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Basic Blues for Guitar: Book/CD Pack Paperback – June 1, 1996

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Paperback, June 1, 1996
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Basic Blues for Guitar: Book/CD Pack + Guitarist's Guide To Scales Over Chords-The Foundation Of Melodic Guitar Soloing(Bk/Cd)
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Product Details

  • Paperback: 112 pages
  • Publisher: Hal Leonard; Pap/Com edition (June 1, 1996)
  • Language: English
  • ISBN-10: 0793543207
  • ISBN-13: 978-0793543205
  • Product Dimensions: 11.8 x 9.1 x 0.4 inches
  • Shipping Weight: 1 pounds (View shipping rates and policies)
  • Average Customer Review: 4.2 out of 5 stars  See all reviews (8 customer reviews)
  • Amazon Best Sellers Rank: #1,318,851 in Books (See Top 100 in Books)

Editorial Reviews

About the Author

Founded in 1947, Hal Leonard Corporation has become the worlds largest print music publisher, representing some of the greatest songwriters and artists of all time. We are proud to publish titles of interest to all musicians as well as music lovers, from songbooks and instructional titles to artist biographies and instrument price guides to books about the music industry and all the performing arts. --This text refers to an alternate Paperback edition.

More About the Author

Fred Sokolow is best known as the author of a library of instructional books and DVDs for guitar, banjo, Dobro, mandolin, lap steel and ukulele. There are currently over a hundred of his books or DVDs in print, sold all over the world. Fred has long been a well-known West Coast multi-string performer and recording artist, particularly on the acoustic music scene. The diverse musical genres covered in his books and DVDs, along with several bluegrass, jazz and rock CDs he has released, demonstrate his mastery of many musical styles. Whether he's playing Delta bottleneck blues, bluegrass or old-time banjo, 30s swing guitar or screaming rock solos, he does it with authenticity and passion.

Born in Los Angeles September 14, 1945, by the early 1960s Fred was well known in the California bluegrass scene, playing with Jody Stecher, Brantley Kearns, Sandy Rothman and Eric Thompson. Relocating to Berkeley, he toured and recorded with a hippie rock band throughout most of the 60s, the Bay Area-based Notes From the Underground (Vanguard Records). In the early 70s Fred performed with R&B, rock, country and bluegrass bands. By 1975 Fred had played with bluegrass luminaries like John Herald, Frank Wakefield and Jerry Garcia, had opened for the Dead, the Doors, B.B. King, Country Joe and the Fish and countless other acts, and he was playing in jazz combos with some of the Bay Areas best studio players.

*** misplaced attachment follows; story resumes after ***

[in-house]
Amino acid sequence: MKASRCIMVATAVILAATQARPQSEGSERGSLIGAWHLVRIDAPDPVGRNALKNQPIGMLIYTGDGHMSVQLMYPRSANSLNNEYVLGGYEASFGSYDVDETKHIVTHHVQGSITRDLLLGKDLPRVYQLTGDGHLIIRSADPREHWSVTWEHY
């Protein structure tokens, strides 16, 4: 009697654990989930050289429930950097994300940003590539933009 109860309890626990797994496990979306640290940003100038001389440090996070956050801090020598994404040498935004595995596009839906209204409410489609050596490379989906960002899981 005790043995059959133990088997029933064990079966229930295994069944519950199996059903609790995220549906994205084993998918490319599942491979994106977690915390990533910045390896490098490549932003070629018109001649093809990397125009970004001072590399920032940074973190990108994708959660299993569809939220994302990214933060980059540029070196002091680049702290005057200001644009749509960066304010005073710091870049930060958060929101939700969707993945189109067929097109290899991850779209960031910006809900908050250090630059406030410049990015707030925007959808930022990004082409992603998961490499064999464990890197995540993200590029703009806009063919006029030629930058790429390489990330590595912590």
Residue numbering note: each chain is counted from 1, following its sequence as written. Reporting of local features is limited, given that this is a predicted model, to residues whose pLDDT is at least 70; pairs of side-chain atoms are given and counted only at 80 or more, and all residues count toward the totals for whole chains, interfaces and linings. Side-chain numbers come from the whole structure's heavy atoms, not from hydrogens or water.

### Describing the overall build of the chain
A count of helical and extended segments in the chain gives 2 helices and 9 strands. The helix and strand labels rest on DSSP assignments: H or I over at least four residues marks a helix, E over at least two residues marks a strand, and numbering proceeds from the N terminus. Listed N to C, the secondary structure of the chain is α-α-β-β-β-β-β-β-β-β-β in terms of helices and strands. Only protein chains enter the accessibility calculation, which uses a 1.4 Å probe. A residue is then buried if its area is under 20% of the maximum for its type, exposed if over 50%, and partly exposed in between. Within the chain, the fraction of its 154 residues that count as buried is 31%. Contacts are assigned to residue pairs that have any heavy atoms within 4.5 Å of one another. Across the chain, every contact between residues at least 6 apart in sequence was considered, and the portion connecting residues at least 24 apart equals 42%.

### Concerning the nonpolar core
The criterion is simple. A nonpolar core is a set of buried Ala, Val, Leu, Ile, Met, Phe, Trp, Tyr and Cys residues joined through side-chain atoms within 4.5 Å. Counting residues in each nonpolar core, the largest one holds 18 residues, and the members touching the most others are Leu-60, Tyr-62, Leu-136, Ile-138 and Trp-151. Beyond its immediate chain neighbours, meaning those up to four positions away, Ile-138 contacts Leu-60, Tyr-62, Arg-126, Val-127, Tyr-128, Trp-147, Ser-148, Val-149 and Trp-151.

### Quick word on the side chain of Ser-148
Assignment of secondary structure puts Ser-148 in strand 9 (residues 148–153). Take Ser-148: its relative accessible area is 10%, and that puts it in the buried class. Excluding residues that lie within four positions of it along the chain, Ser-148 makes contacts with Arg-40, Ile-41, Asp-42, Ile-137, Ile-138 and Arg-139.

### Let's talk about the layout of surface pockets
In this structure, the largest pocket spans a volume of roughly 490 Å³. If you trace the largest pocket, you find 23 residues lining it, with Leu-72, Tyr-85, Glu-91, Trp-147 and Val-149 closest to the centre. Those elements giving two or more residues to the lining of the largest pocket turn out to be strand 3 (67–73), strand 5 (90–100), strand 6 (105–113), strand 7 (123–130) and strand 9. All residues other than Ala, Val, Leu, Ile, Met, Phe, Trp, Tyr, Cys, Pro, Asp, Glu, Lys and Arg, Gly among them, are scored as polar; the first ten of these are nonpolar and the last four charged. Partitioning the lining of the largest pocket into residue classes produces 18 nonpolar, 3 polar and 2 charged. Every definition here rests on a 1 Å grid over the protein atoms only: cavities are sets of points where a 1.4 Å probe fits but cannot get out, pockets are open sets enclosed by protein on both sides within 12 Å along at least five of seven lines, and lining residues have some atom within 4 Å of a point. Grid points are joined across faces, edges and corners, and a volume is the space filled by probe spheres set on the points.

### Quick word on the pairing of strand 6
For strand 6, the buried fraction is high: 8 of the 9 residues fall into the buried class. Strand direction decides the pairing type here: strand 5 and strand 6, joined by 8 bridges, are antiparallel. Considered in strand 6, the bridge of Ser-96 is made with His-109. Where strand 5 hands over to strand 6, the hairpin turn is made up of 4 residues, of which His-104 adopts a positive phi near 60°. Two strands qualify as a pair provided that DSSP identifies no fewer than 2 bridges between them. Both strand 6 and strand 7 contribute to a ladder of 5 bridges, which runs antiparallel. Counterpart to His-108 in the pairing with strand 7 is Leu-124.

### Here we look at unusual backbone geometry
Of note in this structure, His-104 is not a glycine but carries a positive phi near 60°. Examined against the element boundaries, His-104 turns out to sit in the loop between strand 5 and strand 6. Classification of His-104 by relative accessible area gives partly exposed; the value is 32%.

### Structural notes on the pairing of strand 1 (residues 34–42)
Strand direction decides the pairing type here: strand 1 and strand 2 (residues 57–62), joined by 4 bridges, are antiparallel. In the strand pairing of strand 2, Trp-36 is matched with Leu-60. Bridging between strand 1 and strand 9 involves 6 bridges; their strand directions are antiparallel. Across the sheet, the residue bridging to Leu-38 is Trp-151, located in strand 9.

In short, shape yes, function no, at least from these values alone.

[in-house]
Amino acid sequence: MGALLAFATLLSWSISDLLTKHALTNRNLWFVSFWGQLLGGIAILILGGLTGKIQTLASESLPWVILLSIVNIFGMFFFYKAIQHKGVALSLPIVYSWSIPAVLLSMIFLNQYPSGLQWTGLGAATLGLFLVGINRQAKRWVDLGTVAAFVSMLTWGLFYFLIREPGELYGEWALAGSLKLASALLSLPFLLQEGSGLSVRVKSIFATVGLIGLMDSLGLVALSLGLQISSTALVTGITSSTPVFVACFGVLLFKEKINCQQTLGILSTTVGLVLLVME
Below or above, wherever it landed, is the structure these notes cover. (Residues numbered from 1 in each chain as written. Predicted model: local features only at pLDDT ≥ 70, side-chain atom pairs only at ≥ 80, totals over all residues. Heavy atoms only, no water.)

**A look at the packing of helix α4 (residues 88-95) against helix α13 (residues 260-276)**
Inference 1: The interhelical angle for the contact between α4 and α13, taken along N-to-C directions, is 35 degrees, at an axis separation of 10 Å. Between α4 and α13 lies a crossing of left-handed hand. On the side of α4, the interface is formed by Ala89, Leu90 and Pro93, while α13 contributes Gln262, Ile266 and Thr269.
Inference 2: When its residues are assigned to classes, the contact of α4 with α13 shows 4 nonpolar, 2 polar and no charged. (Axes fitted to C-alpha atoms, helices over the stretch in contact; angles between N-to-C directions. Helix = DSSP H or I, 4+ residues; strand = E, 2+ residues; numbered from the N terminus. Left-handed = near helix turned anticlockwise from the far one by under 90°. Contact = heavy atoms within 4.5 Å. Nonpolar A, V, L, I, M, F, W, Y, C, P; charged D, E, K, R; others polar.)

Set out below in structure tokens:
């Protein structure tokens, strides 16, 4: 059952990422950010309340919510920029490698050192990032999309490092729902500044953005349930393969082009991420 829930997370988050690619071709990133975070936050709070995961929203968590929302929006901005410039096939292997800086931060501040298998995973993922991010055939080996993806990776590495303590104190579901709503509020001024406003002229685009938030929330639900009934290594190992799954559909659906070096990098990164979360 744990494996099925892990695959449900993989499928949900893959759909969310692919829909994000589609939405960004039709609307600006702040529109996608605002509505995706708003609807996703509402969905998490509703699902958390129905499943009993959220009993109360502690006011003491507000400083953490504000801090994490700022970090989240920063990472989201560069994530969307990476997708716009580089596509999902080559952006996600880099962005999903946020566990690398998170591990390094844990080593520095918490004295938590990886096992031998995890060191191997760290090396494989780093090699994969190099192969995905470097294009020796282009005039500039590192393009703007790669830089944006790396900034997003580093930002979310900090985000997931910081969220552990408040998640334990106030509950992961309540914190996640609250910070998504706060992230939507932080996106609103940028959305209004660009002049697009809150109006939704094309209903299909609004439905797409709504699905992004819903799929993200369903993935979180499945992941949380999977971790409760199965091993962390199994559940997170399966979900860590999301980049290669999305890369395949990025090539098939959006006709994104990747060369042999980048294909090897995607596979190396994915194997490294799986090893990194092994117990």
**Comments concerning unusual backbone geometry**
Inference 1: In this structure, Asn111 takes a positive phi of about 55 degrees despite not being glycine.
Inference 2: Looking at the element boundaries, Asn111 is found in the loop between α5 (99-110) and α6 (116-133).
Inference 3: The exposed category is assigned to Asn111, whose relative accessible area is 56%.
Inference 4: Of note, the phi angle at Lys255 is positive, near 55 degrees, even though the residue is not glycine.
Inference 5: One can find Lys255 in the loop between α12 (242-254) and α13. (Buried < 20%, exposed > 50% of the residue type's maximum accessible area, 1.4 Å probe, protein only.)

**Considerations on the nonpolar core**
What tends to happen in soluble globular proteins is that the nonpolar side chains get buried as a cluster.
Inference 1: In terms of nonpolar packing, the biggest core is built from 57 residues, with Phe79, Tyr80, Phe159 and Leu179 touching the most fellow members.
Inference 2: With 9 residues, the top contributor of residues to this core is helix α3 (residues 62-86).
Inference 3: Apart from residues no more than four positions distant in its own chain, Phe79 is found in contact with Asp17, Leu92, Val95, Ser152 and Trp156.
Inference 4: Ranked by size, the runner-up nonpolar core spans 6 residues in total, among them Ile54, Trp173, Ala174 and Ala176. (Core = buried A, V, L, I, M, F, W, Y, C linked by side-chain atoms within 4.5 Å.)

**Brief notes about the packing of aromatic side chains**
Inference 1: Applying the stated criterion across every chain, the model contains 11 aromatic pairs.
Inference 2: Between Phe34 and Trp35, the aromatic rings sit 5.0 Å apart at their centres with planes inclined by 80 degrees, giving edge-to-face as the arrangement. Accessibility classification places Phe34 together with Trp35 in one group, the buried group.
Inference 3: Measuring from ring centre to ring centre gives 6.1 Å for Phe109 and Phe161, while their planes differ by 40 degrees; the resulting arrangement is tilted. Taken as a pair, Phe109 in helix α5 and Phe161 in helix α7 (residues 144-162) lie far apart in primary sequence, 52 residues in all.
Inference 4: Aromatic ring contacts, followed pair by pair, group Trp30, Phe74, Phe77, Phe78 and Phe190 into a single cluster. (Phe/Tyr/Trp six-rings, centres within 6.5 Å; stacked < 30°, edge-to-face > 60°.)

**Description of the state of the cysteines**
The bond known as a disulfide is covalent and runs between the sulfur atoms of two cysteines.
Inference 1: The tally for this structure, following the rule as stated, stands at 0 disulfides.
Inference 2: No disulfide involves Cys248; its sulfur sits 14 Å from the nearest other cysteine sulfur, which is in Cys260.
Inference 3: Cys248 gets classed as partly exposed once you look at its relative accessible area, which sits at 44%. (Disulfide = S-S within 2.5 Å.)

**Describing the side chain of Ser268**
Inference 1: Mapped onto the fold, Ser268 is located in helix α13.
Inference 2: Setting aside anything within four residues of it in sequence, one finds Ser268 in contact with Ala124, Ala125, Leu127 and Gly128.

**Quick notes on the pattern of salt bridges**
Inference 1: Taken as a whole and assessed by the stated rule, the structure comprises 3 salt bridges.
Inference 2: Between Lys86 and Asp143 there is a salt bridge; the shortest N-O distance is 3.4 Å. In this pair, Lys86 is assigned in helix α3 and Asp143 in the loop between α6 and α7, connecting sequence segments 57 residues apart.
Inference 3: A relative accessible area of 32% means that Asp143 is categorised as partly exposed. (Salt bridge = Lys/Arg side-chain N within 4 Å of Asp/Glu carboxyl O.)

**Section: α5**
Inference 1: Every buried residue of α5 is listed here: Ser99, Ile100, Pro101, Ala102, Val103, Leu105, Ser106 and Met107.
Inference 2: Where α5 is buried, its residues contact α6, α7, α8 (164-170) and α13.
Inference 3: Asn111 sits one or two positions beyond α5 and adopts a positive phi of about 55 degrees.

In 1975 Fred returned to Los Angeles. He recorded two ground-breaking banjo albums for Kicking Mule Records and began touring with Bobbie Gentry and Jim Stafford, playing rock guitar, bluegrass banjo and lap steel. He also toured with the folk group the Limeliters, juggling seven different instruments. By the end of the 70s he had begun writing instructional books (methods, transcription books and arrangement books) for all the music print publishers: Mel Bay, Hal Leonard, Warner Brothers, Carl Fischer and more. He recorded a banjo video for Hot Licks, and several guitar videos for Stefan Grossman's Guitar Workshop. His transcription books became known for their accuracy, and his method books were lauded for their clarity and effectiveness in music magazines all over the world. He began teaching guitar and banjo seminars in music camps and stores, and he taught classes at the reknowned McCabes Music in Santa Monica.